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An American's Guide to British Beer: Part 2, Styles

Updated on November 20, 2011

In Part 1 of An American's Guide to British Beer, we described some of the basic tenets of "the knowledge"... No not the memorized compendium of London Cabbie street routes - but the basics of British beer and where to get it. In the second part of this series we're going to delve into the traditional styles and consider some recent trends. We'll concentrate on the beers for which the British are best known: Bitter, including basic and best bitter, Mild and Ales including the pale, strong and IPA styles. Along the way we'll take a look at recent trends including how American microbrews in the English style are influencing their peers in the UK.

Black Sheep Bitter
Black Sheep Bitter | Source
A pint of Taylors
A pint of Taylors | Source


My primary goal upon touching down in England for the first time with my then fiance, was to order a pint of bitter from her local pub. I couldn't miss it - The Plough and Harrow is a three story Edwardian structure not more than a football field away from her parent's house. After doing so, without hesitation, except for the noticeable hitch when my accent caught her off-gaurd, the landlord reached for the handpull and poured me nice frothy Greenall's bitter. This set me back about £1.10 - a consumer friendly price for a pretty good session beer.

So what is bitter? According to John Spedding, second brewer at Wigan, Lancashire's AllGates Brewery, "Bitters are traditionally beers that run from deep chestnut or ruby in colour to something that is straw coloured. They have a distinctive bitterness from the hops. Modern terminology seems to be replacing the word bitter with the word 'hoppy'."

Bitters run the gamut from quite dry (Brains of Cardiff, Wales) to aromatic (Taylor's Best Bitter, from Yorkshire comes to mind) and most use Fuggles, Goldings and Styrian hops. There is definitely a citrusy nose in many basic bitters, and most are quite flowery. American ales on the other hand tend to have a piney nose. Best bitters and ESB (Extra Special Bitters) get progressively stronger and more intense in flavor and nose, though your basic session bitter hovers around 3.8 to 4.2 ABV and is smooth and mellow enough to facilitate four or five pints at a session. I know I've mentioned "sessions" a few times in my articles, and no I'm not fixated on "drinking a lot" in fact just the opposite. The beauty of the English bitter is they are low enough in alcohol to be able to have one at lunch, or casually with friends after work without getting hammered. And when the time calls for it, you can sit down with your friends for a longer session and not wind up praying to the porcelain goddess later that eve.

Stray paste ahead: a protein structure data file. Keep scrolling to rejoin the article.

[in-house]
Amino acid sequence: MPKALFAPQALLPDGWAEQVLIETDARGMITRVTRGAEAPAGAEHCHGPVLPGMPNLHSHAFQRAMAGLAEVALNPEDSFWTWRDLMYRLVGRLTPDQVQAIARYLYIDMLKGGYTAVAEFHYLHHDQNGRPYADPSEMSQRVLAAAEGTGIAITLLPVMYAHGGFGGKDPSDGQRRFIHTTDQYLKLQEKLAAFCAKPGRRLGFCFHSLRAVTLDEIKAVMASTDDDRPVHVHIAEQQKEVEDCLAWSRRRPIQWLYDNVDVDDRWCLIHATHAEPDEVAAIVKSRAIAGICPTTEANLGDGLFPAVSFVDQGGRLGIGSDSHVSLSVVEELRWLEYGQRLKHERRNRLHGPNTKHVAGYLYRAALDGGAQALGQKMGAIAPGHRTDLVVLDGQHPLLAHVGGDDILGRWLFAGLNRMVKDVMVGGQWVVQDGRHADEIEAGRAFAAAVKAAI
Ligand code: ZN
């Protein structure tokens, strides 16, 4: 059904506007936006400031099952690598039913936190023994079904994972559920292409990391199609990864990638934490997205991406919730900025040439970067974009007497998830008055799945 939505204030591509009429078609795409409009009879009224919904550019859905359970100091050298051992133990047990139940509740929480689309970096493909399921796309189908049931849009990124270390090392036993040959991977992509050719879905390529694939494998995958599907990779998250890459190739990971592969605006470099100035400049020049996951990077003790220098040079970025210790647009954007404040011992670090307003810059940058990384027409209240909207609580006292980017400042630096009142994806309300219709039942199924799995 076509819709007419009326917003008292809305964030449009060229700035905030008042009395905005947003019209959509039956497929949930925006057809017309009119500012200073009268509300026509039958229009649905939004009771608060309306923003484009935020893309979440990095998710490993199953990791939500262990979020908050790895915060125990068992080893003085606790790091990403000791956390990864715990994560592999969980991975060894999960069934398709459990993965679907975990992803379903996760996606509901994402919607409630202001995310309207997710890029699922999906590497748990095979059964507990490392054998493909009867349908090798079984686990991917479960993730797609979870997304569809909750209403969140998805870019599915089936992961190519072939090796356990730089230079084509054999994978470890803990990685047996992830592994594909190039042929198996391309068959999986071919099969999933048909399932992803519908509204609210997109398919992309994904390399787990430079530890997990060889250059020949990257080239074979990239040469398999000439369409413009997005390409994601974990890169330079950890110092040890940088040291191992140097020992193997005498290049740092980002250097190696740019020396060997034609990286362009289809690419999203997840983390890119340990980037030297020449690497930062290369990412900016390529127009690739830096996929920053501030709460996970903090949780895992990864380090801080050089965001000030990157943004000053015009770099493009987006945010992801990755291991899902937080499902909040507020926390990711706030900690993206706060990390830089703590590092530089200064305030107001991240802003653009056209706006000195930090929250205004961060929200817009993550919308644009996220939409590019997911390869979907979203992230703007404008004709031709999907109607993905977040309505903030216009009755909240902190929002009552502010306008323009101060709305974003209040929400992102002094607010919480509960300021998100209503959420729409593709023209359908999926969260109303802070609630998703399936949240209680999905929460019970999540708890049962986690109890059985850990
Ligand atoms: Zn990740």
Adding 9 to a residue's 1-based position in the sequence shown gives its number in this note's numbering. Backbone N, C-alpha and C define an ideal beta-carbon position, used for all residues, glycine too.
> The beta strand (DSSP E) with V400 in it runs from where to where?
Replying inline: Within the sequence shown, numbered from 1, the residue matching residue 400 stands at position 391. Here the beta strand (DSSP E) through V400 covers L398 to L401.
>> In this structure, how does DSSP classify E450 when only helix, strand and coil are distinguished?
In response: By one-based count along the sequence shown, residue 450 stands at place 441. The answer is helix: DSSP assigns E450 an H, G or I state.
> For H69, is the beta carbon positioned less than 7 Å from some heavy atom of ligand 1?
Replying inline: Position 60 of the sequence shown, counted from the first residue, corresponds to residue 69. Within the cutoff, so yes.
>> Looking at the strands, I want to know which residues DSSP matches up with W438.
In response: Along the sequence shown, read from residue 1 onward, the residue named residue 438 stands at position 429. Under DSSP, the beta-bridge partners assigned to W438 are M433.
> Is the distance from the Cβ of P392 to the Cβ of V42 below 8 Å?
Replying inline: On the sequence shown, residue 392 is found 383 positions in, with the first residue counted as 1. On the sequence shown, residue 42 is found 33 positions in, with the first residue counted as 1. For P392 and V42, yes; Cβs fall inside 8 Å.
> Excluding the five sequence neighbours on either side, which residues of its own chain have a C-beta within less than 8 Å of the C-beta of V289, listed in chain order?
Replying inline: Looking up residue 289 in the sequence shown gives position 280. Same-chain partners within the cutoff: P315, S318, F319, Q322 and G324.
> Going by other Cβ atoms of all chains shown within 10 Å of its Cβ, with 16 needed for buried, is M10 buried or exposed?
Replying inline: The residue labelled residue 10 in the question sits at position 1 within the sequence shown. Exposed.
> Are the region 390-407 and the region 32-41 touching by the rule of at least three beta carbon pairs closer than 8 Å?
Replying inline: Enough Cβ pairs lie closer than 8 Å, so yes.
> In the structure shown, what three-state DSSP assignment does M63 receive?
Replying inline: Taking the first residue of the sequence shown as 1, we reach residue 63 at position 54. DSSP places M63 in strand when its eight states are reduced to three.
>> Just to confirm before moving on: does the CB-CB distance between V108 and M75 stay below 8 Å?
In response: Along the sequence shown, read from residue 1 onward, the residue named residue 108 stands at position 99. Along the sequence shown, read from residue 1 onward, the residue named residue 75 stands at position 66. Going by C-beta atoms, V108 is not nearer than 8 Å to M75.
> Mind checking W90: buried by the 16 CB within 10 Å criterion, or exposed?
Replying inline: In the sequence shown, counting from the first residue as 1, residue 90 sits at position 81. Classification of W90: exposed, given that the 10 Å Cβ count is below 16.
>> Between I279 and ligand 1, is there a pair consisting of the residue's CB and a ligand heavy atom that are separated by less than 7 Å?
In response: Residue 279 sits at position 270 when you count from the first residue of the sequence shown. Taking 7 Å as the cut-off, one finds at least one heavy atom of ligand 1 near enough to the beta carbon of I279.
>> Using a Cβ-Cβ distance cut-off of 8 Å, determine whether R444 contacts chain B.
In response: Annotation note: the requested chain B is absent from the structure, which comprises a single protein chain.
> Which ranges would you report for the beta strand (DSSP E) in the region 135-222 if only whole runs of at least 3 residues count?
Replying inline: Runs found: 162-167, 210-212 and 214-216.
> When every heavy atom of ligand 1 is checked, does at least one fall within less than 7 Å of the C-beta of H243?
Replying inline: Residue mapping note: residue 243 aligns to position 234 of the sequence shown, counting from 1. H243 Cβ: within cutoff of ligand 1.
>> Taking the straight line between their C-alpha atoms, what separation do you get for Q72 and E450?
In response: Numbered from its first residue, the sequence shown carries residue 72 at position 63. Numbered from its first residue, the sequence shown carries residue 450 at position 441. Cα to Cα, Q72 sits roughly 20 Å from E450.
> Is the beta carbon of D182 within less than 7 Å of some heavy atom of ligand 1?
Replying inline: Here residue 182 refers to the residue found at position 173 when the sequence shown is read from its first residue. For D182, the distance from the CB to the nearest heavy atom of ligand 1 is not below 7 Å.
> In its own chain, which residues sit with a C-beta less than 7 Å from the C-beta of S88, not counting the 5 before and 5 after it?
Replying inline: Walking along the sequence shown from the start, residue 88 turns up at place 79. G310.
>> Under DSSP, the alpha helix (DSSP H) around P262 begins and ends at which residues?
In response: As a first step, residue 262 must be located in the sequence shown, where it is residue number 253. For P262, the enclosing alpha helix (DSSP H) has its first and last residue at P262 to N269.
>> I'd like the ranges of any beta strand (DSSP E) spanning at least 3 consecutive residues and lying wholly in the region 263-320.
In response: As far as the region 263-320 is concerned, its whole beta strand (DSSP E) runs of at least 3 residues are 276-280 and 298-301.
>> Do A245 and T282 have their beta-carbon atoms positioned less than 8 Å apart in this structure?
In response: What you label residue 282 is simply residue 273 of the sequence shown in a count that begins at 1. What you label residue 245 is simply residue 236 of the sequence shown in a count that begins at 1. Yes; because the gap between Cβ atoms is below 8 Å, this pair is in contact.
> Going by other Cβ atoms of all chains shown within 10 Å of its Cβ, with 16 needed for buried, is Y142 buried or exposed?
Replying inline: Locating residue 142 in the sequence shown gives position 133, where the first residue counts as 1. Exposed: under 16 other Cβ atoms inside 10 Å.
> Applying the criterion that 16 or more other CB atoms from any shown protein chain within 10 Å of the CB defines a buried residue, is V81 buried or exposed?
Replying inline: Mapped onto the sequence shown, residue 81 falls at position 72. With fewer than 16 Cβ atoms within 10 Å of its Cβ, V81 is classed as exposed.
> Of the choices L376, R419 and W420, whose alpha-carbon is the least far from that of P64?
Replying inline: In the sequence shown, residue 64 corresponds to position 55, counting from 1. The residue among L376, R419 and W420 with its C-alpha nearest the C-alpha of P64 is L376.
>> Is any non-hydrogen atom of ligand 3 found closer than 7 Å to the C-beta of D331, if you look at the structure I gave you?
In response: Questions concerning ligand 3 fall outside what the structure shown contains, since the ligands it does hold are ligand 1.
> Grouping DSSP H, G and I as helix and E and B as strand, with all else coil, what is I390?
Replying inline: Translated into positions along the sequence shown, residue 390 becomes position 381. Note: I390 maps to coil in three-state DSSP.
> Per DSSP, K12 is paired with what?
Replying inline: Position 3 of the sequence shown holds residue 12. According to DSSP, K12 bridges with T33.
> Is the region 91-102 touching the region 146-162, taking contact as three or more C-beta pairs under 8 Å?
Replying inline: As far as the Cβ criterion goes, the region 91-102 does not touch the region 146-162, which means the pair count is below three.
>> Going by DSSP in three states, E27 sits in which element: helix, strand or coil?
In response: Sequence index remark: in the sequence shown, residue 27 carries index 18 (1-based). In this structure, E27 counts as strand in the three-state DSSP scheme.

Highgate Dark Mild
Highgate Dark Mild | Source


The mild style is a favorite of mine partially because of its stature amongst old-timers in the UK. More often than not when you go to a pub and chat with some of the pub elders, they'll be drinking a mild - just like their fathers, and grandfathers before them. As the story goes, coal miners used to quaff pints of mild during their lunch breaks in the pits. So what is mild? According to AllGates brewer John Spedding "The vast majority of milds are dark in colour, sometimes verging on black, although there are some 'light milds'. Mild is usually maltier in taste with hints of the roasted malts used. The quantity of hops used to brew a mild will be significantly less than that used for a bitter - and so there will only be a touch of bitterness to the beer."

The style has always remained consistent, if not popular across the UK, especially so up north - but as younger brewers adopt and adapt the style, milds have emerged as some of the most interesting beers on offer in the UK. Wetherspoon's, a large non-brewery-based pub chain regularly features a regional mild amongst their guest ales. When I lived in the UK, Cain's Mild, of Liverpool could be found on the cask in city centers across the north. This dark, spicy, well balanced mild is a consistent beer festival medal winner (and sold for 99 pence in all but the trendiest locales). Another favorite of mine is Mayflower Black Diamond, which checks in at a modest 3.6 ABV and boasts a dry (dark) chocolaty flavor.

The beauty of mild is in the taste, but also in the low alcohol content. A Tetley's mild lists at anywhere from 3.2 to 3.4 ABV. Moorhouses Black Cat checks in at 3.6 ABV - and you won't find many tastier beers of any style. A walk along the canal, a hike across the dales, or a pit stop while out shopping are all made that much more enjoyable - to paraphrase beer connoisseur Michael Jackson - by a restorative pint of mild.